If land needs to be cleared for buildings and pastures, estimate how much time and money it will take.  Think about how efficient it will be to do the chores as to how the buildings are sited.


9.  Keep in mind as to how accessible it is to allow for large vehicles.  Would emergency vehicles or delivery trucks be able to access the farm?  How close is the closest fire department and what it their source of water?  Rural properties sometimes access to farm ponds or other backup emergency water supply.  Check it out ahead of time.


10. Rural areas usually have their own well and septic system.  Check to see where these are located in relation to the structures.  Wellheads should have a 100 foot diameter buffer around them to protect the water from potential sources of contamination, such as manure piles, chemical and fuel storage areas, garages, etc.

Locate the septic and drain field.  These should be at least 100 feet away from the well and should not be in high traffic areas, putting them at high risk of failure.  The last thing you would want to do is install a new drainfield costing over $10,000.


11. Is the neighborhood horse friendly?  Are there other properties in the area with horses?  Non-horse owners might not be tolerant of things such as odors and flies.  Speak with the neighbors and see what they will think before buying the property.  Also, a REALTOR knowledgeable about horses and the area may be able to assist you.


12. The last and very important thing to consider is zoning.  Check with the local zoning regulations, zoning and building codes.  Look into the ordinances that may limit horse-keeping on the acreage.  It will save time and money, and limit your frustration in the future.


The transition to living with your horses on your property will be much easier if you do your research ahead of time.  It will allow you to be well-prepared for the limitations and assets of the property.



Brigita McKelvie is a REALTOR®  (Pennsylvania License #RS297130) with Cindy Stys Equestrian & Country Properties, specializing in rural and horse properties and farms in Eastern Pennsylvania.  She has an e-Pro® (Certified Internet Expert) certification and a GRI (Graduate, REALTOR® Institute) designation.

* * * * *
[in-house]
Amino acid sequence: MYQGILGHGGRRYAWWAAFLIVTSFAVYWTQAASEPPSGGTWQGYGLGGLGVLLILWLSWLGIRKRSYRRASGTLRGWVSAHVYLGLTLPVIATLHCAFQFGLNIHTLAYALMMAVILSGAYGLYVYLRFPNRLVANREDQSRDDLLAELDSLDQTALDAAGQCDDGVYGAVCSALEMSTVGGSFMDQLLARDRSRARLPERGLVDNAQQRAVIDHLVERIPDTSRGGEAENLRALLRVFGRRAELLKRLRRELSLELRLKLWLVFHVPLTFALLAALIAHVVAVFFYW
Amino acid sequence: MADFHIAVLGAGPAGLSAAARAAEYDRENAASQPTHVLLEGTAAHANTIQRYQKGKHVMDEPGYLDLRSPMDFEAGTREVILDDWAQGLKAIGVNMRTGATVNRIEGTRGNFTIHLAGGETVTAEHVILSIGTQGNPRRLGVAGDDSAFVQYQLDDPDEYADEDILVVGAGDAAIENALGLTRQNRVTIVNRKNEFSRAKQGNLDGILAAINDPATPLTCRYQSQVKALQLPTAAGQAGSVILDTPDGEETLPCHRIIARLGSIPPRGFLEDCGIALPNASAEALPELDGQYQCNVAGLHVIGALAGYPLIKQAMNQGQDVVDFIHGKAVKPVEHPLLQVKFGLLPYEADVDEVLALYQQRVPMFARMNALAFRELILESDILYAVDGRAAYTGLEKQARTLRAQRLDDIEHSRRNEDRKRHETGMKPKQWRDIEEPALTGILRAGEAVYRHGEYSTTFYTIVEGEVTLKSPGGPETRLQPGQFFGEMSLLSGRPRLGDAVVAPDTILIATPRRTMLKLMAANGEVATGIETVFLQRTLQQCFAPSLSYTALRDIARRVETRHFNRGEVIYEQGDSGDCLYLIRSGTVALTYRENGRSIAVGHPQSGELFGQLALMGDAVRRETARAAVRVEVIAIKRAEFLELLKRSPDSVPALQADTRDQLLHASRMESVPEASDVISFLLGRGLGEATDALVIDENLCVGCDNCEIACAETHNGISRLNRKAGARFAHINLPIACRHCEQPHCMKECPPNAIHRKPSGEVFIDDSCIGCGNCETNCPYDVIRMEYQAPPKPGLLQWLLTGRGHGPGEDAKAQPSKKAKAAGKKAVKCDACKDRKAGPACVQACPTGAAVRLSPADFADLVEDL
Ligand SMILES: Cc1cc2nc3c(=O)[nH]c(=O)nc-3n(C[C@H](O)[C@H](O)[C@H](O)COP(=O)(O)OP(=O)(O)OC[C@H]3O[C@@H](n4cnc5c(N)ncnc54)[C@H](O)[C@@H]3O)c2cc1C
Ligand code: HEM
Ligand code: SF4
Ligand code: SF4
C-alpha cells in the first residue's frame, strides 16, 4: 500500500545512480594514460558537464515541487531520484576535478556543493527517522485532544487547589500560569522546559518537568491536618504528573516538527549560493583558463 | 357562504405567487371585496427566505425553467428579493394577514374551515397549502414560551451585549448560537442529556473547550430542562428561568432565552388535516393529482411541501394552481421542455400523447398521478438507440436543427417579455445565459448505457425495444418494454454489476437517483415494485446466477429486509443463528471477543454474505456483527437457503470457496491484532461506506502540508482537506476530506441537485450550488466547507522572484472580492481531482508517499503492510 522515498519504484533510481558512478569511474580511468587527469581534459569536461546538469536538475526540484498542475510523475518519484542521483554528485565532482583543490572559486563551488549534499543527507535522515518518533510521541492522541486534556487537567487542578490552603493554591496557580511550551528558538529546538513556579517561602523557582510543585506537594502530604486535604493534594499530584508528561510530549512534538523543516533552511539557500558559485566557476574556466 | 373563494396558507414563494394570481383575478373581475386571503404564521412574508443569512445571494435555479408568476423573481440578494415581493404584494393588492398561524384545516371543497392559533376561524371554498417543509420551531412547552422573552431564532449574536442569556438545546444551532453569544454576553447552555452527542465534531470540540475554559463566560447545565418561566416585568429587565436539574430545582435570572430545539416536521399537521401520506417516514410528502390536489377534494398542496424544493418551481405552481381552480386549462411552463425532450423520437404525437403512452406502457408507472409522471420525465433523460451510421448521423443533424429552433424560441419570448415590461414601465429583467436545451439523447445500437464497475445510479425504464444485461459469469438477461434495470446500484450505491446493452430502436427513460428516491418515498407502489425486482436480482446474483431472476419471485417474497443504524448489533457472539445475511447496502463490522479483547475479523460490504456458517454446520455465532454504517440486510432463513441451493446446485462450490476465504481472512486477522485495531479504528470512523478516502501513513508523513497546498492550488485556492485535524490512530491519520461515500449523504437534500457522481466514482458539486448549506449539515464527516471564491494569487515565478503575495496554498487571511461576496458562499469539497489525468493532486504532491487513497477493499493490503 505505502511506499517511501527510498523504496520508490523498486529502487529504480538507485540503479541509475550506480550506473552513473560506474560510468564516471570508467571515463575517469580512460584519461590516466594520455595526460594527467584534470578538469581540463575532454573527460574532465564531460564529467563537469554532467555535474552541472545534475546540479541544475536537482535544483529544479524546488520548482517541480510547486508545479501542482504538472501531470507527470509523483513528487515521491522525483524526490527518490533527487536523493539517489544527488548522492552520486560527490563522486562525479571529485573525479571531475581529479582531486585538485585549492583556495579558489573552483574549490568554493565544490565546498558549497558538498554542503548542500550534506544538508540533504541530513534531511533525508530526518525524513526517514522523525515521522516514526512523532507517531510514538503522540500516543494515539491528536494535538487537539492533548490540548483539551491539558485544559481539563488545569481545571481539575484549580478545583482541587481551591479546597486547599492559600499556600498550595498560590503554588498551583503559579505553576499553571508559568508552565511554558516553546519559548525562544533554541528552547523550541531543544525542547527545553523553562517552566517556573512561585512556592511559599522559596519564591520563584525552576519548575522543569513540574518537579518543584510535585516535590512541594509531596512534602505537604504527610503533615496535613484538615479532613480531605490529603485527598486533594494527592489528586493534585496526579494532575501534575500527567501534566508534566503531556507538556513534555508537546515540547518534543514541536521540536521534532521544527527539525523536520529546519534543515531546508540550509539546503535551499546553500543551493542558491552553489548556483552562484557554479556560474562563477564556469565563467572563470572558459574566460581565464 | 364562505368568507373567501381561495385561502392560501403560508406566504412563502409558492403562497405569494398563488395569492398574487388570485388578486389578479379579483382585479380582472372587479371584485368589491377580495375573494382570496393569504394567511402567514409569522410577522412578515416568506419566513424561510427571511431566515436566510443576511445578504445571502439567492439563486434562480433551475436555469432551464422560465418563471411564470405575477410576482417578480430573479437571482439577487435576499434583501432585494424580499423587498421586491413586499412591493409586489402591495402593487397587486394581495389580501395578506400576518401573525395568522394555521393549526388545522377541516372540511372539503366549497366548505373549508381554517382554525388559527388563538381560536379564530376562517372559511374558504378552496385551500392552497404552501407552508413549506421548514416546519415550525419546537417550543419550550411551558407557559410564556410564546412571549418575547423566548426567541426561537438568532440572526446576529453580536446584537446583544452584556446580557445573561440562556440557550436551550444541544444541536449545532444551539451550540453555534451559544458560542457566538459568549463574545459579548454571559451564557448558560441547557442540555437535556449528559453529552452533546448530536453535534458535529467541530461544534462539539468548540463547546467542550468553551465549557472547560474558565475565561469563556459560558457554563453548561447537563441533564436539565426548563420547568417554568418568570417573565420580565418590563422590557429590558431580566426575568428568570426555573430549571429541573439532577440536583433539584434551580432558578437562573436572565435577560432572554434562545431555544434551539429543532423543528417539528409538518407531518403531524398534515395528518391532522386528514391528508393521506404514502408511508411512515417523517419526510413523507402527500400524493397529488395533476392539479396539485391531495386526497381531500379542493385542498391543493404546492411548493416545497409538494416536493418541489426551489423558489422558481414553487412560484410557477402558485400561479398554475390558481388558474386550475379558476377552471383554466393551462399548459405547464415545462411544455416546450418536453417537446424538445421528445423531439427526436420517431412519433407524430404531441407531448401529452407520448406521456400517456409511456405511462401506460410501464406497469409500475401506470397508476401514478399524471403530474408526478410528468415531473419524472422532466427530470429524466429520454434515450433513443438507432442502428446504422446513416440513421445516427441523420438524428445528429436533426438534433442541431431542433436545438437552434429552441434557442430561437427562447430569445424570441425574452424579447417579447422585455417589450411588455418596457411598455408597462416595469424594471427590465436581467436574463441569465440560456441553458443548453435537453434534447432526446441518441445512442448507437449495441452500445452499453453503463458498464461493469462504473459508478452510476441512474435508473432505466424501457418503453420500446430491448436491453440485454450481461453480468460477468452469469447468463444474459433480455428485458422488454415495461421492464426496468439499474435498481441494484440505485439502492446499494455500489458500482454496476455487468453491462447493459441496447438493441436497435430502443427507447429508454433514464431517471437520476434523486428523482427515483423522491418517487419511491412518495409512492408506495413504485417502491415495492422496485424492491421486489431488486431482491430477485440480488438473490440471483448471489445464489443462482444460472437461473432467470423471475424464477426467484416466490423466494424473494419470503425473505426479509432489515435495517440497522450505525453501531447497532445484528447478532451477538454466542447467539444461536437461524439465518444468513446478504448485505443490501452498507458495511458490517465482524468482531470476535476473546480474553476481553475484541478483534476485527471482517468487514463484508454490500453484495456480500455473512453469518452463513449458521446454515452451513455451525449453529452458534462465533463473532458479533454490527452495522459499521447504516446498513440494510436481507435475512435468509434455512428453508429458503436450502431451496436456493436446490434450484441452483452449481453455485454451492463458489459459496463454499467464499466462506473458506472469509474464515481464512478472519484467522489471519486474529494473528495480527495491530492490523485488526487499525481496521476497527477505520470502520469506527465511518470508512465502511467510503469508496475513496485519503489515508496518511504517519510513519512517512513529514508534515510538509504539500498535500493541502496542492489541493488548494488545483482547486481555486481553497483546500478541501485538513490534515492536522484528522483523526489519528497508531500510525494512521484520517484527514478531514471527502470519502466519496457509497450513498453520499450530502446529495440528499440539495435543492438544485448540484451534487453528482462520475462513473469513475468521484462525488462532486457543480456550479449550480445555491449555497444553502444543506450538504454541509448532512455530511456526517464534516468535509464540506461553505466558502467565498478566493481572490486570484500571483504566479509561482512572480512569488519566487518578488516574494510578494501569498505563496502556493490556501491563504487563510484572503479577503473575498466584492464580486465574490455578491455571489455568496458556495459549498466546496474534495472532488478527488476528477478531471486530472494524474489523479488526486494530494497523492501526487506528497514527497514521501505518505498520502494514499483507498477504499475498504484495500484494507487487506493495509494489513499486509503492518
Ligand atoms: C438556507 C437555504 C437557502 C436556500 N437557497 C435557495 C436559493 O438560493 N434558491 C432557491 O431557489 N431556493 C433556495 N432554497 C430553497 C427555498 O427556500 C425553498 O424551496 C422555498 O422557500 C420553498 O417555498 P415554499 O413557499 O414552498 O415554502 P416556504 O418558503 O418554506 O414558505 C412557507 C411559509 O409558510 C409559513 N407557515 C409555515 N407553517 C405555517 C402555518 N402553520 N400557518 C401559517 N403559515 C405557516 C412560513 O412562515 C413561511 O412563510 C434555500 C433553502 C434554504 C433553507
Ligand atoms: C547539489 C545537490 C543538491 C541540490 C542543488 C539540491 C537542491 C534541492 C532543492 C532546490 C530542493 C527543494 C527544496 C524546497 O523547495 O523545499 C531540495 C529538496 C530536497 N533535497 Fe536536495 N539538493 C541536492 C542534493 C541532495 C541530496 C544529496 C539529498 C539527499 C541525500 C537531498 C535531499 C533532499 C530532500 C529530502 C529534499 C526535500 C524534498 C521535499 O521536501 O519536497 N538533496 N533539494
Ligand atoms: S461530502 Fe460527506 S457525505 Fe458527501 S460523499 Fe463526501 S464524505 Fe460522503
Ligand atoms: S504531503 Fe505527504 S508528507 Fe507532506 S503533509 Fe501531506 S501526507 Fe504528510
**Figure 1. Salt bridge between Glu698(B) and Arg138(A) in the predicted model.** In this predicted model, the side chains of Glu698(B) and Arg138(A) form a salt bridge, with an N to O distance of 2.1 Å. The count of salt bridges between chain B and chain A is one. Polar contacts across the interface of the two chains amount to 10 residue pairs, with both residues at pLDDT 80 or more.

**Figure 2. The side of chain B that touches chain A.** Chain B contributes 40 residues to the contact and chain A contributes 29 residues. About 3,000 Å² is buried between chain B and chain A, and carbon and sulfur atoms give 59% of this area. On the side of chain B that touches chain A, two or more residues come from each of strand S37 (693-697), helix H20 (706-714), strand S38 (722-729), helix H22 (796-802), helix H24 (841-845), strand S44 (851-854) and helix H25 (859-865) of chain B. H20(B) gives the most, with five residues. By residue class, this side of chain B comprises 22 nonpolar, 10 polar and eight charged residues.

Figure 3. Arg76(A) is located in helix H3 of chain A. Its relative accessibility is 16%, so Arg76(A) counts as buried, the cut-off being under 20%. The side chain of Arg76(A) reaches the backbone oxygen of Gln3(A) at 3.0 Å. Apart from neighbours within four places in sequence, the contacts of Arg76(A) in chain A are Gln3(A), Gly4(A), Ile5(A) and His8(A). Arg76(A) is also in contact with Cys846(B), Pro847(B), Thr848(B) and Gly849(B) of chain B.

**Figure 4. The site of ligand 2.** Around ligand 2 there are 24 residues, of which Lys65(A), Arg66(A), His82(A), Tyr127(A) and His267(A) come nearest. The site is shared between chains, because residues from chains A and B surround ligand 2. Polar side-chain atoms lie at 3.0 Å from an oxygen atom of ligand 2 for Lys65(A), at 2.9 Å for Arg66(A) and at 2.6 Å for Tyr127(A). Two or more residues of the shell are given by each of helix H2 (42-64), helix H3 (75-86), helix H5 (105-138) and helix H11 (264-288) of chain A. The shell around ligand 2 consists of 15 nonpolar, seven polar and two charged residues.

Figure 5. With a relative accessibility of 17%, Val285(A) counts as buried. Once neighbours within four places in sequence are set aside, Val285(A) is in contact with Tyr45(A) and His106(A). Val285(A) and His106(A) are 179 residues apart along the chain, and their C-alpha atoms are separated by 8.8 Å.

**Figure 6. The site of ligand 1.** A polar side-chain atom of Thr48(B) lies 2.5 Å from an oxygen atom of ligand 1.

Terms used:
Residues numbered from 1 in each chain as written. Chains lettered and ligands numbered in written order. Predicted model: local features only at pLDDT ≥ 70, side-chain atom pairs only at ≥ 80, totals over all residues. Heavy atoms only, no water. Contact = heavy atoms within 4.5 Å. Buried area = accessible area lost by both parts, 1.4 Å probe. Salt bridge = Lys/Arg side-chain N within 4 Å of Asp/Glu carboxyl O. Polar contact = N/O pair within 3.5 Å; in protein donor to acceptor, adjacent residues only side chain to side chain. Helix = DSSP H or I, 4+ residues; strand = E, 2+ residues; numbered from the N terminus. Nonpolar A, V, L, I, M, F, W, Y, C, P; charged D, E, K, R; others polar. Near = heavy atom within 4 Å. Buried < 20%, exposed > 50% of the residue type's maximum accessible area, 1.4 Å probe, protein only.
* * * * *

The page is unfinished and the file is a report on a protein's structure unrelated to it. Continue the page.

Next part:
Brigita McKelvie, REALTOR

Pennsylvania License #RS297130

Rural and Horse Properties and Farms


Cindy Stys Equestrian & Country Properties, Ltd.Cindy Stys Equestrian & Country Properties, Ltd.


The Premier Equine and Country Real Estate firm serving Eastern Pennsylvania from back yard operations to world class equestrian facilities.

Use a REALTOR with "horse sense" that doesn't horse around when it comes to horse properties.



e-ProGRI (Graduate, REALTOR Institute)BNI




Comment balloon 4 commentsBrigita McKelvie, Associate Broker • September 11 2017 03:23PM


Helloand another great blog on a great subjects.  Sorry, I have not been around for your blogs for awhile


Posted by Will Hamm, "Where There's a Will, There's a Way!" (Hamm Homes) 4 months ago

Hi, Will!

Thank you.  Glad to see you following my posts.


Posted by Brigita McKelvie, Associate Broker, The Broker with horse sense and no horsing around (Cindy Stys Equestrian and Country Properties, Ltd.) 4 months ago


There is no doubt that you know your land and location for horse farms.  Like with every niche there are important factors to know about.  A

Posted by Ron and Alexandra Seigel, Luxury Real Estate Branding and Marketing (Napa Consultants) 4 months ago

Good morning, Ron & Alexandra!



Posted by Brigita McKelvie, Associate Broker, The Broker with horse sense and no horsing around (Cindy Stys Equestrian and Country Properties, Ltd.) 4 months ago